John Leighow, chief of readiness and contingency operations for the Northwestern Division emphasized the Corps commitment to provide recovery support under Public Law 84-99 authorities noting the Omaha and Kansas City district’s aggressive efforts to assess damages, provide initial and temporary repairs, and that work would continue until all repairs are complete.

At river levels decline, additional damages are being identified and the current cost of the efforts is around $123 million and continues to climb. Budget constraints are not anticipated However, Leighow noted that the peak of Hurricane Season is approaching and continues through Labor Day. Any hurricane response efforts will compete for resources needed for recovery efforts.

Eric Shumate, chief of hydrology and hydraulics in the Kansas City District provided an update on the status of the reservoirs on the Kansas River and the Osage River. This information is available on their website at:

“We are primarily focused on reservoirs in the Lower Kansas Basin and the Osage Basin.  We still have a significant amount of water stored in the 10 reservoirs located within these two river Basins with 61 % of the available flood storage occupied,” said Shumate.

Perry and Clinton Dam are 20 feet above their normal operating pool and Tuttle Creek is 50 feet above its normal operating pool. Releases from the reservoirs are gradually increasing as Missouri River conditions improve.

On the Osage Basin conditions are also improving. The flood control pool at Truman Dam 58% occupied down about 10% from the last week with releases at about 50,000 cubic feet per second.  

Harlan County Reservoir on the Republican River Basin in south central Nebraska has exceeded its record pool elevation of 1955.66 feet set in April 1960. The pool elevation on July 18 was 1958.08 feet with 38 % of the flood control pool occupied and will remain high until conditions improve between Harlan County Lake and Milford Lake which will receive its releases downstream.


Irrigation releases are 210 cubic feet per second in cooperation with the US Bureau of Reclamation. Flood control releases may begin in the next few weeks.

Details on Harlan County Reservoir can be found here:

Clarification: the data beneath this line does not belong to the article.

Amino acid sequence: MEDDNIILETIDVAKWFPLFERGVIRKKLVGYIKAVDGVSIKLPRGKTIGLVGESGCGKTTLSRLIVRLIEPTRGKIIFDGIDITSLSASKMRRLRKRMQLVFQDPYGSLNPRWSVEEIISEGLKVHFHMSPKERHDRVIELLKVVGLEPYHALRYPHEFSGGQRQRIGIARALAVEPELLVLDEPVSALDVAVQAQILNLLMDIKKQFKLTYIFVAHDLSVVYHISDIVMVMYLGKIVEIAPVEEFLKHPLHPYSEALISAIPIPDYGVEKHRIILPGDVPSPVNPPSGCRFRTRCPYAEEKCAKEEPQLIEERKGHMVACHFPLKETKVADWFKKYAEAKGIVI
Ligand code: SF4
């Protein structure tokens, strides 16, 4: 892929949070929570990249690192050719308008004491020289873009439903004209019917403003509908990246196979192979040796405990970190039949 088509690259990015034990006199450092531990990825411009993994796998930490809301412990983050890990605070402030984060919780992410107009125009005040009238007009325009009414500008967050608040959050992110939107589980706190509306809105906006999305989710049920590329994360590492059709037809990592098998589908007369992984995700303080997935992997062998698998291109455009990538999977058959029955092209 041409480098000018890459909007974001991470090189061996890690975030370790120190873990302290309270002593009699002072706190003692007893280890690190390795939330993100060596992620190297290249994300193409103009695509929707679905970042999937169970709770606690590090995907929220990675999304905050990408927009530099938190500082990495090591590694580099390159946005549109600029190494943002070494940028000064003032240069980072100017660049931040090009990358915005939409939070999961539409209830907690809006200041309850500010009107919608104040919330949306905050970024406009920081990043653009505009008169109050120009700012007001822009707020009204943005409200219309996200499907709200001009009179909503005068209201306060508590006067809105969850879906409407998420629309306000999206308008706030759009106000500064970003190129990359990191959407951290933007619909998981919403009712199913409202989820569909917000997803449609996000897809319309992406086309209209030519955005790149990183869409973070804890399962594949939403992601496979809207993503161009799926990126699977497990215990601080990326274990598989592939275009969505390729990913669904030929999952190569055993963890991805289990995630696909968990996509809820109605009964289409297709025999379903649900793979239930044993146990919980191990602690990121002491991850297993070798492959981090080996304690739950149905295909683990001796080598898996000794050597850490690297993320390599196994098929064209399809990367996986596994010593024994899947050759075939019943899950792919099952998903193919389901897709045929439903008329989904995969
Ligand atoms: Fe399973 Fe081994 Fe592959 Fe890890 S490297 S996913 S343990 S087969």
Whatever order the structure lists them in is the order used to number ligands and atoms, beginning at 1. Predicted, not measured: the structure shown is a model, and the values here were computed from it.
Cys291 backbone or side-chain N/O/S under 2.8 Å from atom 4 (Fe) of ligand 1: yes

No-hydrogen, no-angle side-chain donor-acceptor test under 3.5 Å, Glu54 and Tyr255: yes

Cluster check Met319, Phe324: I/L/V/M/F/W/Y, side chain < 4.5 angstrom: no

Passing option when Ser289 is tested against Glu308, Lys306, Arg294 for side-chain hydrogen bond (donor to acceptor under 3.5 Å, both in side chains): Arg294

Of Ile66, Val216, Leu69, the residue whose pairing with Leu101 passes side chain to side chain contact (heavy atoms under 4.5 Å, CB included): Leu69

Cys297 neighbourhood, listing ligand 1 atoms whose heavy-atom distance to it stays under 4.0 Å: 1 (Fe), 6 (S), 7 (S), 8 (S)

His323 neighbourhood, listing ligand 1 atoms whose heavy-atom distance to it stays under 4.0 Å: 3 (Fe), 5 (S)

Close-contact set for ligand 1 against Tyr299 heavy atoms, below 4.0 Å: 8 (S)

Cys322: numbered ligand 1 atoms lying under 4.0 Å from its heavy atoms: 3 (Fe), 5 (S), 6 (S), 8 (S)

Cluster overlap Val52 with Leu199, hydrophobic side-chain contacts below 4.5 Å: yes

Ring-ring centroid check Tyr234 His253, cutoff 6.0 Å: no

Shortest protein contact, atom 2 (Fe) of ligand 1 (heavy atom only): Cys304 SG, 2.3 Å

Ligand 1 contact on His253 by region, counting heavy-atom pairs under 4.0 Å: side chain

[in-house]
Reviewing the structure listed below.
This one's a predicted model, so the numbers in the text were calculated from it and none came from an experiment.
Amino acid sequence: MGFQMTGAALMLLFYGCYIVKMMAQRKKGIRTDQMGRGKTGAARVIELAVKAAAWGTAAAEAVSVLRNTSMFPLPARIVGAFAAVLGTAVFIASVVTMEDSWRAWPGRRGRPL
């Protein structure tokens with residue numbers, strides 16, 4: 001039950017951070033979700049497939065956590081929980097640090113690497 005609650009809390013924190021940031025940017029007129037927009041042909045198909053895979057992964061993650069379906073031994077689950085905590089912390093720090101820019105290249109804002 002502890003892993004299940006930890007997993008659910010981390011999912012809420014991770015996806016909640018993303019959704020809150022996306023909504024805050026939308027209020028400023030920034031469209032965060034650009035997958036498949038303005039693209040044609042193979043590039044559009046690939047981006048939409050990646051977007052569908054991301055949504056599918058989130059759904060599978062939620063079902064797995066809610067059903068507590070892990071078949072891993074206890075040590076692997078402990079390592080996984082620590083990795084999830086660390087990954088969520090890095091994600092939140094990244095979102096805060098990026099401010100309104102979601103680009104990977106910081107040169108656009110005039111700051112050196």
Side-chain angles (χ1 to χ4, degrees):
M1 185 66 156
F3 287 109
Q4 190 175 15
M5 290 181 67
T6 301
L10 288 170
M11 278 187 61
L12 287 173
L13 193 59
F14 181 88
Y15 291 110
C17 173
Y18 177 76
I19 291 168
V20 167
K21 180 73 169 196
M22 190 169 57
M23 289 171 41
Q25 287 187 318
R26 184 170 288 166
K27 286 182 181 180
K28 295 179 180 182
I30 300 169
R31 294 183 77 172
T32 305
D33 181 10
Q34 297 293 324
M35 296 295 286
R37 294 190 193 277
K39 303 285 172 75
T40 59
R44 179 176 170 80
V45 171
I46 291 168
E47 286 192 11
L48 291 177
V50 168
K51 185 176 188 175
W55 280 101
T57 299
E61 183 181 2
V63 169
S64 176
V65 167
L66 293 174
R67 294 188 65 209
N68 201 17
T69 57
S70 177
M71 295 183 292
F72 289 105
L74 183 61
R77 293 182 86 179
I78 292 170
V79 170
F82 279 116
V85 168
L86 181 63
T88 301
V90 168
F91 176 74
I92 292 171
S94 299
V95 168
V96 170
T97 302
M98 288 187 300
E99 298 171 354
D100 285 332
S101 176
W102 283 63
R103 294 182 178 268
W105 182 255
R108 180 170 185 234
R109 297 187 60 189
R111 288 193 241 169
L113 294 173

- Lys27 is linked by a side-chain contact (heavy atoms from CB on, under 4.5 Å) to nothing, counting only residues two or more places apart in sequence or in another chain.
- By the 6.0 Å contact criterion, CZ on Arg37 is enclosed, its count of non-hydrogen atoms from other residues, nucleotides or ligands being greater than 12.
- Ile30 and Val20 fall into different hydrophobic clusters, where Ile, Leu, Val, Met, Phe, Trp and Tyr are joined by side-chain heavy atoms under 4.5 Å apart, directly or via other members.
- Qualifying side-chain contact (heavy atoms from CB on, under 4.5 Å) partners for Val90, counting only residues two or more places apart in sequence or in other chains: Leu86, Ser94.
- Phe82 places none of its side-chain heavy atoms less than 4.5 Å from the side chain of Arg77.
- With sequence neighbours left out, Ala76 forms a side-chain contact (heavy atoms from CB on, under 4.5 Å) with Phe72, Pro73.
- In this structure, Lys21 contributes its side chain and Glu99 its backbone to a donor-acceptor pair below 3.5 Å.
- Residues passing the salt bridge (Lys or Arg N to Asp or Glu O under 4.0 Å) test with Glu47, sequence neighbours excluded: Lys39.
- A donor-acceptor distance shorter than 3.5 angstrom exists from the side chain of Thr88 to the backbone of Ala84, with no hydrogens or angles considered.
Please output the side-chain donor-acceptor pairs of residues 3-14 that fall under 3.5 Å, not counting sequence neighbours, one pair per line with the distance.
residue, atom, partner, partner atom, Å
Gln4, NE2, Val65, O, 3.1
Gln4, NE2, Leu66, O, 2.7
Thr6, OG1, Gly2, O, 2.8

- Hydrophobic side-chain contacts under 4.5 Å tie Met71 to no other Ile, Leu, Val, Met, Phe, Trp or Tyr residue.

Jud Kneuvean, chief of Emergency Management with the Kansas City District provided an update on the status of their flood response efforts and levee conditions. They keep this information updated on their website at:

To date, the Kansas City District levee rehab team has received a total of 97 Requests for Assistance, representing 79 Non-Federal levees and 18 Federal levees.

High water continues to impact our ability to conduct damages assessments and 25 levee systems still have 2 or more feet of water at the base of the levee, said Kneuvean. Bids have been received for emergency measures at the Mill Creek Dike and Drainage District and the Big Tarkio Drainage District with contract awards anticipated within the next few days.

Nicole Cominoli deputy chief of the Readiness Branch for the Omaha District provided an update on the status of post flood levee inspections and rehabilitation. To date, the district has completed nine initial breach closures within the Omaha District’s area of operations, with 42 remaining.

“Significant progress is being made towards closure of the northern breach of Levee L550 between Watson and Rock Port, Missouri. The contractor has switched from dredging to mechanical placement, and has advanced the sand closure berm roughly 750 linear feet of the needed 1200 linear feet closure alignment. Work on the south breach will likely begin by this weekend,” said Cominoli.

They keep this information updated on their website at:


Eileen Williamson

Release no. 19-051